Please use this identifier to cite or link to this item: http://hdl.handle.net/2440/102585
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Type: Journal article
Title: Naturally derived iron oxide nanowires from bacteria for magnetically triggered drug release and cancer hyperthermia in 2D and 3D culture environments: bacteria Bbiofilm to potent cancer therapeutic
Author: Kumeria, T.
Maher, S.
Wang, Y.
Kaur, G.
Wang, L.
Erkelens, M.
Forward, P.
Lambert, M.
Evdokiou, A.
Losic, D.
Citation: Biomacromolecules, 2016; 17(8):2726-2736
Publisher: American Chemical Society
Issue Date: 2016
ISSN: 1525-7797
1526-4602
Statement of
Responsibility: 
Tushar Kumeria, Shaheer Maher, Ye Wang, Gagandeep Kaur, Luoshan Wang, Mason Erkelens, Peter Forward, Martin F. Lambert, Andreas Evdokiou, and Dusan Losic
Abstract: Iron oxide nanowires produced by bacteria (Mariprofundus ferrooxydans) are demonstrated as new multifunctional drug carriers for triggered therapeutics release and cancer hyperthmia applications. Iron oxide nanowires are obtained from biofilm waste in the bore system used to pump saline groundwater into the River Murray, South Australia (Australia) and processed into individual nanowires with extensive magnetic properties. The drug carrier capabilities of these iron oxide nanowires (Bac-FeOxNWs) are assessed by loading anticancer drug (doxorubicin, Dox) followed by measuring its elution under sustained and triggered release conditions using alternating magnetic field (AMF). The cytotoxicity of Bac-FeOxNWs assessed in 2D (96 well plate) and 3D (Matrigel) cell cultures using MDA-MB231-TXSA human breast cancer cells and mouse RAW 264.7 macrophage cells shows that these Bac-FeOxNWs are biocompatible even at concentrations as high as 250 μg/mL after 24 h of incubation. Finally, we demonstrate the capabilities of Bac-FeOxNWs as potential hyperthermia agent in 3D culture setup. Application of AMF increased the local temperature by 14 °C resulting in approximately 34% decrease in cell viability. Our results demonstrate that these naturally produced nanowires in the form of biofilm can efficiently act as drug carriers with triggered payload release and magnetothermal heating features for potential anticancer therapeutics applications.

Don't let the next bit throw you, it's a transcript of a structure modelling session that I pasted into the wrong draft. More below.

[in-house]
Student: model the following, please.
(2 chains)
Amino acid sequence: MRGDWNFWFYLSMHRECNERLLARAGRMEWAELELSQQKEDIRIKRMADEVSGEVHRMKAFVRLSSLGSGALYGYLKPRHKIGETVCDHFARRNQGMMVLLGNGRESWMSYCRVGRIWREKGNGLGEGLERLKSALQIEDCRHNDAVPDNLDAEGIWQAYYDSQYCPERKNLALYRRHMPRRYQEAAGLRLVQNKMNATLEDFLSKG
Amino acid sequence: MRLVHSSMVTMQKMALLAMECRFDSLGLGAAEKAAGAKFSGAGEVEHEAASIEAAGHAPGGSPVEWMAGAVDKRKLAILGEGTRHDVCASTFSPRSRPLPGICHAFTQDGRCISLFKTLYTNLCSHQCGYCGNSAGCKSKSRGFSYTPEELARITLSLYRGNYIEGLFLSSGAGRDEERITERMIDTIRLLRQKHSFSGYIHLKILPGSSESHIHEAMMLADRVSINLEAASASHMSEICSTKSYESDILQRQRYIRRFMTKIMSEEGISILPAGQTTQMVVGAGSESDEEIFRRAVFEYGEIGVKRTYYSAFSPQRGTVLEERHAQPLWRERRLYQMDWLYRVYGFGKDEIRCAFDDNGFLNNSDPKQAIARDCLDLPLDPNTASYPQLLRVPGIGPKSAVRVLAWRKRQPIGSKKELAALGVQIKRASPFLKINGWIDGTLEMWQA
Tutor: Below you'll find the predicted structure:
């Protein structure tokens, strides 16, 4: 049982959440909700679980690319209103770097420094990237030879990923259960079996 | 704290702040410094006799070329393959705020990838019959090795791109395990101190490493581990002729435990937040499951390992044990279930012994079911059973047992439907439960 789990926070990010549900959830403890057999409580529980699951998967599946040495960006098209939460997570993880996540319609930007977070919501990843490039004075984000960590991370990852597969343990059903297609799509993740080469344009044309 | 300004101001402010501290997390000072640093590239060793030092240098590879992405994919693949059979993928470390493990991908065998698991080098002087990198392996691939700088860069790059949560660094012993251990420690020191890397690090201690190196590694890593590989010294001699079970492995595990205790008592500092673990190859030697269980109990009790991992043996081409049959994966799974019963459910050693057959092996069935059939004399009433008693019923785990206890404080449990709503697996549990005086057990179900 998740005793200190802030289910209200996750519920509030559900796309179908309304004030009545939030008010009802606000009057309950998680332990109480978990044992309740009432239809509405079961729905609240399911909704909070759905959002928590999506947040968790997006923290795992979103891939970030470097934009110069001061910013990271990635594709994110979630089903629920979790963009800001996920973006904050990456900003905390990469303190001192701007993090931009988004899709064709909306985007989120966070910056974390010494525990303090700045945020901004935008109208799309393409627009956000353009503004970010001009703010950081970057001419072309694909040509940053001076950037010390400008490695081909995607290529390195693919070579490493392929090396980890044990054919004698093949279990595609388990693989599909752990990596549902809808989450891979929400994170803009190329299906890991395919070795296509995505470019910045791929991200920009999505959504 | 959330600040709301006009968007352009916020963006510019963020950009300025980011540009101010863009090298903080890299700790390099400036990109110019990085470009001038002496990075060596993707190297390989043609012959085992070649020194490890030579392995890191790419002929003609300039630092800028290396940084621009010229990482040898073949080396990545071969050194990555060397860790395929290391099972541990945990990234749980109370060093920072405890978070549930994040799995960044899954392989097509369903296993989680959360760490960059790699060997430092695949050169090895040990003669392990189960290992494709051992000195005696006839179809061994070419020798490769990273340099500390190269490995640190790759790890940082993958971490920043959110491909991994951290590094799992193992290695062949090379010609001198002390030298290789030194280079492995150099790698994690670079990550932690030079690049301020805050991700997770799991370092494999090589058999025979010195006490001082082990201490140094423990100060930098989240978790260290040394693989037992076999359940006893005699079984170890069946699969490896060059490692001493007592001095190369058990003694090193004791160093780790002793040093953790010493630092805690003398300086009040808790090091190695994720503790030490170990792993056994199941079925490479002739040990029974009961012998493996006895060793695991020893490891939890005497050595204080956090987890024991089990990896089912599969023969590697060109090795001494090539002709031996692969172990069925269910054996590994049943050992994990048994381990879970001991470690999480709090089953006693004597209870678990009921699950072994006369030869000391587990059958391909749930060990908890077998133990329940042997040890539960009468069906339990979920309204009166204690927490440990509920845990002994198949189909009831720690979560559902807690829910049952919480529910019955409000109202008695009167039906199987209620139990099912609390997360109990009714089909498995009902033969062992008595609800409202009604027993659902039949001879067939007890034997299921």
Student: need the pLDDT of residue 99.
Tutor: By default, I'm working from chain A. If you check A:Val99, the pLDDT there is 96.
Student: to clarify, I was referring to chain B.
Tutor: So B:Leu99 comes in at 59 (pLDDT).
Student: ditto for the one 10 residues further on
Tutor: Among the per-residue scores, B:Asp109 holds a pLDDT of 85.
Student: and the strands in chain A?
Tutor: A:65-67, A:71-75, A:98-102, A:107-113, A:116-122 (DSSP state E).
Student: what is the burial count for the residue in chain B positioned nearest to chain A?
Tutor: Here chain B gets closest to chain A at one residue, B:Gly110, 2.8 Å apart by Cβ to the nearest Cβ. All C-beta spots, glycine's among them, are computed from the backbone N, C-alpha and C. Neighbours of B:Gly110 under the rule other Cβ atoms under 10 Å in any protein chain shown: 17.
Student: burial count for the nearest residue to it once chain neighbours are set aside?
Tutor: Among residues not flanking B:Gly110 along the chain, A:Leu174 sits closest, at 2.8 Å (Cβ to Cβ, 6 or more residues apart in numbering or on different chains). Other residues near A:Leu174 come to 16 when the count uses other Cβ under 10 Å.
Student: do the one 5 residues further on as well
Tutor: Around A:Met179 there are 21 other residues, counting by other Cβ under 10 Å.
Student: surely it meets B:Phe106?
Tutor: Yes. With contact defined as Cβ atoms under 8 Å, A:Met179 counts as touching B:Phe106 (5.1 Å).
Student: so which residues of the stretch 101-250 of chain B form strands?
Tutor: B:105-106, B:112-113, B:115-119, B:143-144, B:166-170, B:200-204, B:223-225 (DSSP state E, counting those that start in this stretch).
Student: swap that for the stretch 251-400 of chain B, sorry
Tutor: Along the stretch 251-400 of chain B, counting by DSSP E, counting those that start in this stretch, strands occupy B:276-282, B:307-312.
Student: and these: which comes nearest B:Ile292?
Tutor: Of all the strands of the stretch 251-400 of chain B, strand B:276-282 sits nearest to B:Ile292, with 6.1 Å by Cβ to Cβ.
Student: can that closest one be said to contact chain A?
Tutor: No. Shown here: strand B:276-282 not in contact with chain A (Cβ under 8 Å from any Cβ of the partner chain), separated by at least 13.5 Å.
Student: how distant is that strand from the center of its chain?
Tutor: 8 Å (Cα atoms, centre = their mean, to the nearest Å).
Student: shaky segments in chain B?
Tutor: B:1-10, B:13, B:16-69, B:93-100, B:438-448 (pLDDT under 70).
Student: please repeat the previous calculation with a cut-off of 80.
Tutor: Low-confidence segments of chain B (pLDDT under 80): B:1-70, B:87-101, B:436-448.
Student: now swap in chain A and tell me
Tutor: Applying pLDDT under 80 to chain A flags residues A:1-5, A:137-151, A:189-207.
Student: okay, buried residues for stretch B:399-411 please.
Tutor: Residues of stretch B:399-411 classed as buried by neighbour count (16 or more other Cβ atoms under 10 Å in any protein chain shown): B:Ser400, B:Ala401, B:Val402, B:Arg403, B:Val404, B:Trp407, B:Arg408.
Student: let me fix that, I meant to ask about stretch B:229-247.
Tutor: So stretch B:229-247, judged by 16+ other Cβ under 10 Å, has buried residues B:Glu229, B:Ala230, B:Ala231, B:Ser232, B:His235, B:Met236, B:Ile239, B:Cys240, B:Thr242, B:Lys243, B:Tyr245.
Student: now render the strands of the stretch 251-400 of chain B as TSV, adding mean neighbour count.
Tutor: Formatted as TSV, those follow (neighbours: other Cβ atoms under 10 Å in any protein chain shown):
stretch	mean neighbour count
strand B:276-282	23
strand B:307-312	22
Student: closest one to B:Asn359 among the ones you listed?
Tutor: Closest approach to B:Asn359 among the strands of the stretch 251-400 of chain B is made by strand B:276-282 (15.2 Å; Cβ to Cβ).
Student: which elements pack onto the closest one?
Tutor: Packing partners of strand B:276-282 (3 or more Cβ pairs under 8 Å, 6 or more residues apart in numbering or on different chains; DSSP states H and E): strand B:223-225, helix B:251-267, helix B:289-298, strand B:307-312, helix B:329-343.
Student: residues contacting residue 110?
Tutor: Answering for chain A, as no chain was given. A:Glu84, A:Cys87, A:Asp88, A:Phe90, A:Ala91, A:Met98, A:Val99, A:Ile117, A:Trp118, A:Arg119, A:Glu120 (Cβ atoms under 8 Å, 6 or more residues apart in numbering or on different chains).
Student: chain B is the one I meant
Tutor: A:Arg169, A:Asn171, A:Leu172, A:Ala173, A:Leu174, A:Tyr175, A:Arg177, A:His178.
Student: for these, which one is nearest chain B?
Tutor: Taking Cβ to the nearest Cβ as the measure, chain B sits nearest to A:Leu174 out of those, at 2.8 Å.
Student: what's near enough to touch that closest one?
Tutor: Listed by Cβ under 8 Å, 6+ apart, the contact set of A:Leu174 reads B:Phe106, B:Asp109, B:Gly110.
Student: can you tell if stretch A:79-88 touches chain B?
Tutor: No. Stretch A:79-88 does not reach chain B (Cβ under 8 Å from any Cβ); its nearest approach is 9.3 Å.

Keywords: Cells, Cultured; Macrophages; Animals; Humans; Mice; Bacteria; Biofilms; Breast Neoplasms; Fever; Ferric Compounds; Doxorubicin; Antibiotics, Antineoplastic; Drug Carriers; Combined Modality Therapy; Cell Culture Techniques; Cell Survival; Magnetics; Female; Nanowires; Drug Liberation
Rights: © 2016 American Chemical Society
RMID: 0030052438
DOI: 10.1021/acs.biomac.6b00786
Grant ID: http://purl.org/au-research/grants/arc/DP120101680
http://purl.org/au-research/grants/arc/FT110100711
http://purl.org/au-research/grants/arc/DE140100549
Published version: http://pubs.acs.org/doi/abs/10.1021/acs.biomac.6b00786
Appears in Collections:Chemical Engineering publications

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